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Tibetans forgo New Years celebrations in protest

CTV.ca, Feb 28 2009

Lhasa, Tibet (China) -- The Tibetan New Year has seen few celebrations in the region this year, as many Tibetans have chosen to boycott festivities to protest Chinese rule and to remember those killed during riots in recent years.

<< Roughly 100 Tibetan monks participate in a candlelight vigil, reports say their monastery is surrounded by the military.

Even the Dalai Lama has said it would be "inappropriate" to celebrate. Typically, the celebrations for Losar, the Tibetan New Year, involve a week of rituals.

While Chinese state television has broadcast video of happy people taking part in grand events at public venues, those are images of government-sanctioned festivities. Outside the areas shown on television, the streets are quiet.

Buddhist temples that should be overflowing are empty, and in some cases closed.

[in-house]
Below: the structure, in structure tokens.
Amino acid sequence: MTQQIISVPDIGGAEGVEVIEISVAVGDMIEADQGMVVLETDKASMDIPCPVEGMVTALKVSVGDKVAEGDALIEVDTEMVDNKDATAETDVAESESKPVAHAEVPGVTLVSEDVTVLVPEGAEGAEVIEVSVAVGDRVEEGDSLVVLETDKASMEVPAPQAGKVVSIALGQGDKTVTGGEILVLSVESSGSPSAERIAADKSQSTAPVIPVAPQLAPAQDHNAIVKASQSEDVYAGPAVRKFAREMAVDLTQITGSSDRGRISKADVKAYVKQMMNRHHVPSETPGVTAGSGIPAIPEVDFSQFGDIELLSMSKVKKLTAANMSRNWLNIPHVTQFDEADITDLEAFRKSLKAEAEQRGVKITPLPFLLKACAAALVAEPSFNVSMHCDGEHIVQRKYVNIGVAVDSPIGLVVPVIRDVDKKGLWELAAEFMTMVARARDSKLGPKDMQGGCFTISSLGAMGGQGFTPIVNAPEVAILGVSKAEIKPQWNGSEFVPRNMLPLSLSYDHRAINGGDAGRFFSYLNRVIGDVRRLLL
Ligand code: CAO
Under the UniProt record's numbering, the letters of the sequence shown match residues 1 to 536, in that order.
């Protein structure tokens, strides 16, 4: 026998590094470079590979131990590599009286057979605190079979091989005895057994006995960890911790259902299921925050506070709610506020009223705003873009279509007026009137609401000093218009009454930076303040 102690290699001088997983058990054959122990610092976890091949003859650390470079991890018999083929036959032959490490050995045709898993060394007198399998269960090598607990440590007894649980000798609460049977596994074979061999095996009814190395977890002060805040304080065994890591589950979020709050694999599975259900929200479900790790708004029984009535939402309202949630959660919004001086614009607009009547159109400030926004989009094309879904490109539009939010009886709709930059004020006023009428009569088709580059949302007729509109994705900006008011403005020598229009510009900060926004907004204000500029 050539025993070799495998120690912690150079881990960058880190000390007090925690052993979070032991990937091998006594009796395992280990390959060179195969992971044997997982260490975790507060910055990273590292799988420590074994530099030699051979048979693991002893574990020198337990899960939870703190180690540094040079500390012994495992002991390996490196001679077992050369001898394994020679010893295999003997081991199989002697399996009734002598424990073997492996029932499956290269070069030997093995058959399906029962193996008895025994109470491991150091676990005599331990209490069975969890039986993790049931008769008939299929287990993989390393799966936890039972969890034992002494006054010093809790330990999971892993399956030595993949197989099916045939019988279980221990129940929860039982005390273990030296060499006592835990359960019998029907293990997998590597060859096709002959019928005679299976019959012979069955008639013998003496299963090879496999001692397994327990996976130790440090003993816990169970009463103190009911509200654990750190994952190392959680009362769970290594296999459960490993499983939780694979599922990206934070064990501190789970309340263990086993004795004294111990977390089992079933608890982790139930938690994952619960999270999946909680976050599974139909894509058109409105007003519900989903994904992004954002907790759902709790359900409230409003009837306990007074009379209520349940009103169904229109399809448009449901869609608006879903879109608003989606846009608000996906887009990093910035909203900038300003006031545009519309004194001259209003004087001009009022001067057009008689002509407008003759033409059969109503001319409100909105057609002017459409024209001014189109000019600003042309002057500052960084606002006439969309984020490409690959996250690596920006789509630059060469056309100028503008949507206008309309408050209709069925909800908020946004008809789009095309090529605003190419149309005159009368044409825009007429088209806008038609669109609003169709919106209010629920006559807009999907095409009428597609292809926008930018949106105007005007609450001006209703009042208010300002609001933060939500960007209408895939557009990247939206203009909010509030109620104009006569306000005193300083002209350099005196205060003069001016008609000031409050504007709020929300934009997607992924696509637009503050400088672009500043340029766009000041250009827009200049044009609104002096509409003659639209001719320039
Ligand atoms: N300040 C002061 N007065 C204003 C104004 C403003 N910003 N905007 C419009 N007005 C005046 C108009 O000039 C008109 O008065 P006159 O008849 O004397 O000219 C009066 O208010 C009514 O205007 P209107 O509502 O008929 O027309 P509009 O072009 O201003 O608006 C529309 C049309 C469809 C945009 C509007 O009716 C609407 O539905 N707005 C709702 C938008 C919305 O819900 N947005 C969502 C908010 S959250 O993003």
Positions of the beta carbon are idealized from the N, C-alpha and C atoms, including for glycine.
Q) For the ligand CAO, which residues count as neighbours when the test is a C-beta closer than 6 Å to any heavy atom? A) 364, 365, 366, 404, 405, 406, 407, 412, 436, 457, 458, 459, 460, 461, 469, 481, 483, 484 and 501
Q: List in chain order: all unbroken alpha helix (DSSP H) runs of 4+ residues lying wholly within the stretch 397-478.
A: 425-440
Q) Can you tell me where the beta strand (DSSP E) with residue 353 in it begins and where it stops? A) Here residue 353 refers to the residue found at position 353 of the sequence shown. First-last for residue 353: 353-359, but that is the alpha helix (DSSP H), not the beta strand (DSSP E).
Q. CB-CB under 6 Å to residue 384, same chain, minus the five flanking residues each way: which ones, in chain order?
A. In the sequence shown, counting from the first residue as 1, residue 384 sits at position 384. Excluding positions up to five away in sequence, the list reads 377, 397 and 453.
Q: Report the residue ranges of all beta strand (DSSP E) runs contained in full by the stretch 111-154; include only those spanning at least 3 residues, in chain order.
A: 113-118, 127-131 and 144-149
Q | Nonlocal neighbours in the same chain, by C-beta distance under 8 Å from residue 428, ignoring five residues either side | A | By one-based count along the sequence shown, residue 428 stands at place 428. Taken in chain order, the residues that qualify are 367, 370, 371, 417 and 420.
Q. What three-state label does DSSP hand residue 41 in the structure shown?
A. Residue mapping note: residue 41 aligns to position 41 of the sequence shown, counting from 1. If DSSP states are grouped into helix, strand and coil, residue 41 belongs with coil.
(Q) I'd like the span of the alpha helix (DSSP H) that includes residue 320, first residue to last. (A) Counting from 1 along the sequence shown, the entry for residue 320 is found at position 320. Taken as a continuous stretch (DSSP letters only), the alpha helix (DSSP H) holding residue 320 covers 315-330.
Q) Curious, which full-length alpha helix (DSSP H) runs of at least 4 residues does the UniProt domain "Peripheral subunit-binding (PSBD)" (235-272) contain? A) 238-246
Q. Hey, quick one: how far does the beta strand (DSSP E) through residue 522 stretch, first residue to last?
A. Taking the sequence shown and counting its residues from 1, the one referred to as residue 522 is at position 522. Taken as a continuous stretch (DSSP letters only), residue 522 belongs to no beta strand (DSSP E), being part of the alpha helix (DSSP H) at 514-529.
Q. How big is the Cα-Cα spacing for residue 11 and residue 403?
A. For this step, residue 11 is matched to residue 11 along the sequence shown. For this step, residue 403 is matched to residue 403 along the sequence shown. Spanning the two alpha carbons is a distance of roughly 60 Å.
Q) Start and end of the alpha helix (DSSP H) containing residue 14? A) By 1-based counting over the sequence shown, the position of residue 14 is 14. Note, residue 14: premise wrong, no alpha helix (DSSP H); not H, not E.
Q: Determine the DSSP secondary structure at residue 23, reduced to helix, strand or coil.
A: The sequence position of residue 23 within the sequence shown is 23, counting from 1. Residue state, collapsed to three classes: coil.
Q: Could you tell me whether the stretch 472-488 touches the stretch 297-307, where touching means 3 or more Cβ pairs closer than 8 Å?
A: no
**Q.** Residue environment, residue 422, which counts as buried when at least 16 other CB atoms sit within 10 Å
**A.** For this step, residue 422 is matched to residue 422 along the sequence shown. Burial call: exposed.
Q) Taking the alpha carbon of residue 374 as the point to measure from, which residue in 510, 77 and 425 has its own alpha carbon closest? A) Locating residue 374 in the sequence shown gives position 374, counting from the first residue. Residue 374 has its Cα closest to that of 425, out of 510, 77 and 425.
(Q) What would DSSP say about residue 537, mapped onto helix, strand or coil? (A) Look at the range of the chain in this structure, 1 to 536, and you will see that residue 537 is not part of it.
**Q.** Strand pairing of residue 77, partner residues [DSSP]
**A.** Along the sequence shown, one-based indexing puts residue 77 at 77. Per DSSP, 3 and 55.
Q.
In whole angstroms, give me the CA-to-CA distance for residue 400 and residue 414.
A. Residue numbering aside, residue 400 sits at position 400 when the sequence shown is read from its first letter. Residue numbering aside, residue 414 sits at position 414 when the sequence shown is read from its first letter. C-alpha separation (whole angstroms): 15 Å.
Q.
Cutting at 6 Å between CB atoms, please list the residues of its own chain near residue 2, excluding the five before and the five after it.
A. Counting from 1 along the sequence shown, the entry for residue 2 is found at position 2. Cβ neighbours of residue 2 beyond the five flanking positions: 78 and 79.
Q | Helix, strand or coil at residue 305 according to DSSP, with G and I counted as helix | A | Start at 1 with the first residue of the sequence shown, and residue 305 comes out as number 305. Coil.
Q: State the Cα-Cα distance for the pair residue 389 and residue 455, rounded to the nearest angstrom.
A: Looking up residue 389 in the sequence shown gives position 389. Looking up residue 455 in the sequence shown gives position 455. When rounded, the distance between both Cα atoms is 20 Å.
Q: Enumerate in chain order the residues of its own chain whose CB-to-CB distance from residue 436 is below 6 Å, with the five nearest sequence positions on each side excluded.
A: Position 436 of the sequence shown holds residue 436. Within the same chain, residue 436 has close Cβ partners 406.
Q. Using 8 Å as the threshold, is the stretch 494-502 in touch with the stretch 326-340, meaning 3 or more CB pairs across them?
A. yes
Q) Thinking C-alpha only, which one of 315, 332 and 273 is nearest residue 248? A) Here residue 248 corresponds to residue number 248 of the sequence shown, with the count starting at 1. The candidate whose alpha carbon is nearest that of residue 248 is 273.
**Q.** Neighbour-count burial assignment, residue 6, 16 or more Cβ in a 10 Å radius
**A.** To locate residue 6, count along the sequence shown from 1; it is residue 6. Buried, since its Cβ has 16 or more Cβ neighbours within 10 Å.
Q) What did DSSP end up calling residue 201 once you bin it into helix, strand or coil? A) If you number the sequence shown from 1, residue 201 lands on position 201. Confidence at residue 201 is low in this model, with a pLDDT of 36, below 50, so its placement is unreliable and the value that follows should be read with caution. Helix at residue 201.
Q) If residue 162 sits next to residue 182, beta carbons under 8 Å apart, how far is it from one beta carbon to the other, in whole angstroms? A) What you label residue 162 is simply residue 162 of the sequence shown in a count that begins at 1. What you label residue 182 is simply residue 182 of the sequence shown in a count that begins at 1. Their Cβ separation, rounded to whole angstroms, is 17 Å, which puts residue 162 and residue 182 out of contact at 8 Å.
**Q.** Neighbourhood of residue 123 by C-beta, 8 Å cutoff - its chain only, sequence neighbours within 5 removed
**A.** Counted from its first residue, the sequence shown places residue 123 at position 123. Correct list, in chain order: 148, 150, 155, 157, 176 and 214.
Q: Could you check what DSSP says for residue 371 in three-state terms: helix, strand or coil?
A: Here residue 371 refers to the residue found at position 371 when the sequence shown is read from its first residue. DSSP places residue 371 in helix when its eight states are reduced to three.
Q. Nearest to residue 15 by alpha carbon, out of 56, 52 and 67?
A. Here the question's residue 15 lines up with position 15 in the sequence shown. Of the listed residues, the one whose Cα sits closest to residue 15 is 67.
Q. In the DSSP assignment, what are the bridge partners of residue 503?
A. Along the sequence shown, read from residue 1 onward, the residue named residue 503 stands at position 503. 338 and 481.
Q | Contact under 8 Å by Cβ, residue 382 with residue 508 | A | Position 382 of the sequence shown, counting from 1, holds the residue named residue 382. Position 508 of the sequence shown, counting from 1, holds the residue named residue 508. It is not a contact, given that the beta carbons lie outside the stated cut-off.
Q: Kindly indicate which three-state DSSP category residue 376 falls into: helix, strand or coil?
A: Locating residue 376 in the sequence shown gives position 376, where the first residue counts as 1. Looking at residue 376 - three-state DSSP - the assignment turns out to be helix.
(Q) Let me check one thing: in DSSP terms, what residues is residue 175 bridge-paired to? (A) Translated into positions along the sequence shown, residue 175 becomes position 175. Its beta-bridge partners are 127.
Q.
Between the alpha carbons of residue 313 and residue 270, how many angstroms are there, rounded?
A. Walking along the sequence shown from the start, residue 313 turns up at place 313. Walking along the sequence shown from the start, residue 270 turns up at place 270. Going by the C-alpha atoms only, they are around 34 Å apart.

"There was a war in Lhasa that killed a lot of our people, this is why we're not celebrating," said one Tibetan woman who did not want to be identified.

Indeed, it was only last year that Tibetans staged their largest uprising against Chinese authorities in decades, by staging anti-government protests in open defiance of Beijing.

In response, the Chinese government clamped down hard, sending thousands to jail in the weeks that followed. Tibetan groups say at least 200 of their people were killed -- a figure the Chinese government disputes.

Next month marks the 50th anniversary of the failed 1959 uprising against Chinese rule, which saw the Dalai Lama flee into exile. Thousands of troops are patrolling Tibetan streets to keep order, and Tibetans themselves have been completely cut off from the world.

Chinese authorities say this is the same anniversary of the period that saw their government rid the Tibetan people of the Dalai Lama's influence. They have even declared it a holiday, which they call Serfs Emancipation Day.

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